Oct. 11, 2012 A key assumption that biologists have relied on widely over the past quarter-century in studying the evolution of protein molecules is "highly questionable," according to an article published in the November issue of BioScience.
The article, by Shozo Yokoyama, a vision researcher at Emory University, summarizes experimental work that involved creating and measuring the properties of dozens of reconstructed ancestral versions of visual pigments found in the eyes of vertebrates, including humans, as well as deliberately altered variants. Yokoyama concludes that the studies he assessed "cast serious doubt" on the "fundamental principle of molecular adaptation," the bedrock of thousands of published papers based on reconstructions of evolutionary changes in a wide range of proteins. The statistical tools used by such studies are "not reliable," he writes.
In attempting to understand how proteins and their properties might have changed over time, biologists have typically made simplifying assumptions. One is that a known change at a particular spot in a protein would affect the properties of ancestral and modern forms of proteins in similar ways. That simplification makes it relatively easy for computers to infer the likely evolutionary paths that led to the forms of the proteins found in modern organisms -- for example, the visual pigments found in deep-sea fishes (which live with no ultraviolet light) and the different pigments found in shallow-water fishes.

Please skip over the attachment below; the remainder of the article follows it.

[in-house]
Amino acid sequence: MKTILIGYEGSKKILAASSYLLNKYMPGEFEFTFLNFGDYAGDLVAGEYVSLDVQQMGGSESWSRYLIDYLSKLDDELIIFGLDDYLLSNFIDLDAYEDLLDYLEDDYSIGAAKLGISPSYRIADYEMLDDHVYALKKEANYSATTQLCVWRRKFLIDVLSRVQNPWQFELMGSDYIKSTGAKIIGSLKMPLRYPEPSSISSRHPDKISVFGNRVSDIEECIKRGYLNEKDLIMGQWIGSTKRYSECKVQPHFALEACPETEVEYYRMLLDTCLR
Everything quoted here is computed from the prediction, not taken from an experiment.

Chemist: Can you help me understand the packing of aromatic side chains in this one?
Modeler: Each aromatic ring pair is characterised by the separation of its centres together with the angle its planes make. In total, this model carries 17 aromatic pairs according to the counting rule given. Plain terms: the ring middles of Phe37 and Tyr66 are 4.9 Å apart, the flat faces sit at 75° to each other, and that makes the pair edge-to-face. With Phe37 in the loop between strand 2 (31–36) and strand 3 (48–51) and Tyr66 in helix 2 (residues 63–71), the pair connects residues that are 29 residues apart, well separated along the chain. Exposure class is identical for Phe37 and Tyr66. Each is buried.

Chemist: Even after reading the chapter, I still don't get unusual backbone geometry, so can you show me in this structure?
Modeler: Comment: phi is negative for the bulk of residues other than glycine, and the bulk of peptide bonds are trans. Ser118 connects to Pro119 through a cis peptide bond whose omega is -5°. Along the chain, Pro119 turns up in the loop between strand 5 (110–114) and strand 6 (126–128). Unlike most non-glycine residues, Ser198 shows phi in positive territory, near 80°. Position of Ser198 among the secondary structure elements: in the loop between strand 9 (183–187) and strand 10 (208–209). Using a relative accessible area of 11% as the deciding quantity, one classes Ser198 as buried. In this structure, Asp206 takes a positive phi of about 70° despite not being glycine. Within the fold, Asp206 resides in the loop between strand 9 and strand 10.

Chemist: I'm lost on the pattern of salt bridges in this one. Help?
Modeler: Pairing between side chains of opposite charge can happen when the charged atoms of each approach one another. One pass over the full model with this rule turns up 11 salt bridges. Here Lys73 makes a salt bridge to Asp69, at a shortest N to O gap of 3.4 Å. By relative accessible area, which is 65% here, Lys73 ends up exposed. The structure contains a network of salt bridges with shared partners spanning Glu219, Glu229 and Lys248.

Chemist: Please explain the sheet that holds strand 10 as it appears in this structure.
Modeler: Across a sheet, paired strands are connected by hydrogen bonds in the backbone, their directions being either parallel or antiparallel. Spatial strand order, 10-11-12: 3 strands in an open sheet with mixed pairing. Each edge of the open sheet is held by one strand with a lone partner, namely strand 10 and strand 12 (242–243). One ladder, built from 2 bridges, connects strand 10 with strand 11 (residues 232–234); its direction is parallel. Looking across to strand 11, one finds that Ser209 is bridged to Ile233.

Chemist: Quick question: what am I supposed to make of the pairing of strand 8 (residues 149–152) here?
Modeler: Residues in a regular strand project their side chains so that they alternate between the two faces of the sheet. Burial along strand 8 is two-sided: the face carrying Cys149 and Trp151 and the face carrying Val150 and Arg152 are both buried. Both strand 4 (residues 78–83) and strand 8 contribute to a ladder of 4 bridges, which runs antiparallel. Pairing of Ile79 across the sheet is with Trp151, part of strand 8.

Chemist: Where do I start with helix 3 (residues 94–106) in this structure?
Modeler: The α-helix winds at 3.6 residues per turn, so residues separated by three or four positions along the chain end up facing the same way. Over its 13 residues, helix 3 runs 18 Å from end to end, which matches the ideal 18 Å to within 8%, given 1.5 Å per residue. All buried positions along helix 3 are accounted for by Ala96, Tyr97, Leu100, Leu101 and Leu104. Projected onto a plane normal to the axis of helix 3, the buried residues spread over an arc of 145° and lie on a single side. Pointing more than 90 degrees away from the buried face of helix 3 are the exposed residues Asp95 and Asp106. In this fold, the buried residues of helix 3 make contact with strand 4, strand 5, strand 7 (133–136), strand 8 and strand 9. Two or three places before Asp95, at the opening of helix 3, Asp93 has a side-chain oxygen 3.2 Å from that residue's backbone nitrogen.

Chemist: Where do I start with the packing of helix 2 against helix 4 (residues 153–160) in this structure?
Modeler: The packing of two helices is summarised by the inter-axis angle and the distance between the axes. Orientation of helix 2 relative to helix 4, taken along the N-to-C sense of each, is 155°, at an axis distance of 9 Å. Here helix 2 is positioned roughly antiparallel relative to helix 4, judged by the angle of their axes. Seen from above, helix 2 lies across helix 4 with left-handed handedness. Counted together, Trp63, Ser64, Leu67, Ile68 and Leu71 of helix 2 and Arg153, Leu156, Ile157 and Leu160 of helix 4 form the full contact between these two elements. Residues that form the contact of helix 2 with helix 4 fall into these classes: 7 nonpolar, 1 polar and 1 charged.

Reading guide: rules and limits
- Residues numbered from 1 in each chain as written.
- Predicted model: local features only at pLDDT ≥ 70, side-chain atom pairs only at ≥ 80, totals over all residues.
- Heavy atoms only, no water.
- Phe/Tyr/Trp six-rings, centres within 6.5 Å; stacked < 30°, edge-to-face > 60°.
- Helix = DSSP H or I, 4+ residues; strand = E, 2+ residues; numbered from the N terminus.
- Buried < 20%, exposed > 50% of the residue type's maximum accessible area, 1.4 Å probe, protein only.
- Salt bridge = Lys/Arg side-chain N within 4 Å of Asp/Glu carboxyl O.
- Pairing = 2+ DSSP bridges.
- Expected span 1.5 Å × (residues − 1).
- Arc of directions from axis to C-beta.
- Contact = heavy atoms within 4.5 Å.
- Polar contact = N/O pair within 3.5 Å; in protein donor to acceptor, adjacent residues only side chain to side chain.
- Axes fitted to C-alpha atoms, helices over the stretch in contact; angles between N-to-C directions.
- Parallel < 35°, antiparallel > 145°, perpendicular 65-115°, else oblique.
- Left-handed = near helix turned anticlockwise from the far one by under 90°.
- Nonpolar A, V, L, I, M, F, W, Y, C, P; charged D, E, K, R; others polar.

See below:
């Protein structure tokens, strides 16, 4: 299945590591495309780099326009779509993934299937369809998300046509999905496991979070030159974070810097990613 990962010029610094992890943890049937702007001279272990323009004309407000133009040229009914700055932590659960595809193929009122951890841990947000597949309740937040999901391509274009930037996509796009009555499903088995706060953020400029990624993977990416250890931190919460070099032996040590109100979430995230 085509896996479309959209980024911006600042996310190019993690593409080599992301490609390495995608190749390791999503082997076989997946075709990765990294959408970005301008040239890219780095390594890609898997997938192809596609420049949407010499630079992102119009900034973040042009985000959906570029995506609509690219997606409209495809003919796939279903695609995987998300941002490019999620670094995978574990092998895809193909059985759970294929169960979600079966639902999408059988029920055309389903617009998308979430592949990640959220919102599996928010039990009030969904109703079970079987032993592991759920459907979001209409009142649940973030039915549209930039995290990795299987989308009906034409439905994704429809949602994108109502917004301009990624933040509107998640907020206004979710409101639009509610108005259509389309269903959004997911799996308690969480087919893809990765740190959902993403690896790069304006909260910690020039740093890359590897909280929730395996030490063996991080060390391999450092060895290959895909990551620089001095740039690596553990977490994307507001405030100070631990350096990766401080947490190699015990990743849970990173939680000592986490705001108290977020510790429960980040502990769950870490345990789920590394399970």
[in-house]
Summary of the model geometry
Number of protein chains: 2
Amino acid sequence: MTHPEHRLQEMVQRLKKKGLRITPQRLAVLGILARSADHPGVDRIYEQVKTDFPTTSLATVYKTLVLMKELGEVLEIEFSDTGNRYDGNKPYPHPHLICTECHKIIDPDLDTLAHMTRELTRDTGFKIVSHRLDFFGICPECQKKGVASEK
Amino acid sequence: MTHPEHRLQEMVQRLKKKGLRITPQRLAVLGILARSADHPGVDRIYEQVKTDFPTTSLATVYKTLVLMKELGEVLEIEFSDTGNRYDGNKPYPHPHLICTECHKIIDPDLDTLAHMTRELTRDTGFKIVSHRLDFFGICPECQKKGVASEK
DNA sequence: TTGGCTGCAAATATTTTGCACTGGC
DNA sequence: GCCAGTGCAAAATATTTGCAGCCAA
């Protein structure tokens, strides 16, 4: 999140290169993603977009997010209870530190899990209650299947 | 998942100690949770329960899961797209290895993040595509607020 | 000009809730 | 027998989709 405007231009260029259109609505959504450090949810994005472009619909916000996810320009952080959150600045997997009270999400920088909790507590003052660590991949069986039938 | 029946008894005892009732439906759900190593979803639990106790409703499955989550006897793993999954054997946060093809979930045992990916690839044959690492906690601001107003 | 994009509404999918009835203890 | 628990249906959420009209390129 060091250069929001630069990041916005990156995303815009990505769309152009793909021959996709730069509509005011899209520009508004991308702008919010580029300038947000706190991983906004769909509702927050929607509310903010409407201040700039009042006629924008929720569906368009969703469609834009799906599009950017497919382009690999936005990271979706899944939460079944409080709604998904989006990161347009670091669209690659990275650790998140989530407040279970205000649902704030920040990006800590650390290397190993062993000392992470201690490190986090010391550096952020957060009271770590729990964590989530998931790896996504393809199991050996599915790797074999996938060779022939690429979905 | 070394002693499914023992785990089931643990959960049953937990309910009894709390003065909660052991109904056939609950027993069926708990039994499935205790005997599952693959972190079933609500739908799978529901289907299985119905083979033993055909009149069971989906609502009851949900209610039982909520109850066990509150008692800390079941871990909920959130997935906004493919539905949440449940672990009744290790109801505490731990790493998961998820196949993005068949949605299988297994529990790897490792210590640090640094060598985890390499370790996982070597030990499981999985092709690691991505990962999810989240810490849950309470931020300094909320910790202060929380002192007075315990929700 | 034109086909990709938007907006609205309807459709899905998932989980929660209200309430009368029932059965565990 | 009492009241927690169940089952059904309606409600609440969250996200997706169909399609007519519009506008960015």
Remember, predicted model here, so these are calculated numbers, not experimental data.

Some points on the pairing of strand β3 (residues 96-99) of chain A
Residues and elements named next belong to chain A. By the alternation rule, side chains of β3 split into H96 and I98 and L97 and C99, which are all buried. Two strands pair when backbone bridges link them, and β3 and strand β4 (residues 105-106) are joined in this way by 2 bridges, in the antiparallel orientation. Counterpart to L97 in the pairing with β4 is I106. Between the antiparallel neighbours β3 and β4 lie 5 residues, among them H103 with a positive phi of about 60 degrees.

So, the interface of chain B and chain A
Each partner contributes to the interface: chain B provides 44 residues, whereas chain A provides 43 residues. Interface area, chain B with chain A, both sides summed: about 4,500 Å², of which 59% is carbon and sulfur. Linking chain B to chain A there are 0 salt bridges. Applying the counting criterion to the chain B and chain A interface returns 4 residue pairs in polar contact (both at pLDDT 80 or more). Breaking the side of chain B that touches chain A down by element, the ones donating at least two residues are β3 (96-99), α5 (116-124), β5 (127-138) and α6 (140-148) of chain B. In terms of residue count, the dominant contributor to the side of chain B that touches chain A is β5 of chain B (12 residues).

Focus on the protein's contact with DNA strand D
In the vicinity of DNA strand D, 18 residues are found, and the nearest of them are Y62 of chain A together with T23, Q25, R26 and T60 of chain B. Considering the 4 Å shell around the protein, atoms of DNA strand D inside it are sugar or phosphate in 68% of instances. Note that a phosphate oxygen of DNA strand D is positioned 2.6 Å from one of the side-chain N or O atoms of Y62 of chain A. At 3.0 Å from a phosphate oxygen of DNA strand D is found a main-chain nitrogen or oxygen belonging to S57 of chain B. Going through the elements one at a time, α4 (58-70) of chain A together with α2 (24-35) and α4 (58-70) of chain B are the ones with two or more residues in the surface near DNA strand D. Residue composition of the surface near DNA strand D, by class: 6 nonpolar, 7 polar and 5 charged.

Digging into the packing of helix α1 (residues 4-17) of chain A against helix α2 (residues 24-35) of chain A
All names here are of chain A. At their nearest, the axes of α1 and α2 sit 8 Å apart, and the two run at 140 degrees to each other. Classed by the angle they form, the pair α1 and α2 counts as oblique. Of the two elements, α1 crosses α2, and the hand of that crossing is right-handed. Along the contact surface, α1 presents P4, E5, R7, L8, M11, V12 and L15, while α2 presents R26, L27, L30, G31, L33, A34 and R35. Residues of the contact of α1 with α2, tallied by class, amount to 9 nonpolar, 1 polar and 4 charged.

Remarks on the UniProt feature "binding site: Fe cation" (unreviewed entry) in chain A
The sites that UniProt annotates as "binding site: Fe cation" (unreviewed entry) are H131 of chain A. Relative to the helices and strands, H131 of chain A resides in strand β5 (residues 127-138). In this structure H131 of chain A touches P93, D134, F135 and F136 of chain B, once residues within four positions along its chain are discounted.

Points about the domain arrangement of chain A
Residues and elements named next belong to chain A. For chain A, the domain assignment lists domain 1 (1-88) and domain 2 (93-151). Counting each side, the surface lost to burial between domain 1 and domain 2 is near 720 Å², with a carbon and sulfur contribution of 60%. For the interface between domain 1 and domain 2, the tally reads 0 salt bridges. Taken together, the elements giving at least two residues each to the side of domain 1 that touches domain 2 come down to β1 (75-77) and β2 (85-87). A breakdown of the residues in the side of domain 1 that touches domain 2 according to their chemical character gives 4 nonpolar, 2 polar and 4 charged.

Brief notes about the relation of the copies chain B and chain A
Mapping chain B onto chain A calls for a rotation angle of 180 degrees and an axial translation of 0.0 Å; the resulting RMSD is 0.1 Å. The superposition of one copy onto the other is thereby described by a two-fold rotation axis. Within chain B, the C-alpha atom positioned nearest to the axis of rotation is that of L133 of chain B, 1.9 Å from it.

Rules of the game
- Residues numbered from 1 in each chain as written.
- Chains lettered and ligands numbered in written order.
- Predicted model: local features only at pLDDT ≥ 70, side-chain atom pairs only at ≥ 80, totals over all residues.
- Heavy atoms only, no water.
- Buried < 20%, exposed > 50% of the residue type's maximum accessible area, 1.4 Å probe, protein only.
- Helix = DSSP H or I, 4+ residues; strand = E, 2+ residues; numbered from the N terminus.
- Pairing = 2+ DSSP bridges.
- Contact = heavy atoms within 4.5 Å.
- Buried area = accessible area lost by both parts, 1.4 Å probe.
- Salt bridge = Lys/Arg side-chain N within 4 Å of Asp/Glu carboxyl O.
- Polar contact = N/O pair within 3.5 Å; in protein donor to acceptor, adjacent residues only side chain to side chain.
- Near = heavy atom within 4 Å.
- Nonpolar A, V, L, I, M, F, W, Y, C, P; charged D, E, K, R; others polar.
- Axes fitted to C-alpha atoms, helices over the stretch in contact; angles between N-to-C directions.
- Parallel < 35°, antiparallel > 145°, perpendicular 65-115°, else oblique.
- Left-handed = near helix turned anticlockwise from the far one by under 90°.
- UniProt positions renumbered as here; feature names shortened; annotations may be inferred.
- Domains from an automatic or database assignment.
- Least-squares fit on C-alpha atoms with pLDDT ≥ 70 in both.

Yokoyama tested the assumptions by making the hypothesized ancestral pigments and variants of them that might have been produced by mutation, then accurately measuring their properties. The results were disturbing: the properties of related versions of proteins would often change in very different ways when the same mutation was introduced into each. Consequently, standard computational and statistical methods would rarely have identified the experimentally supported evolutionary pathway. Yokoyama expresses the hope that other researchers will start to make and test the properties of reconstructed ancestral proteins to evaluate hypotheses about their evolution, rather than relying on computational approaches.
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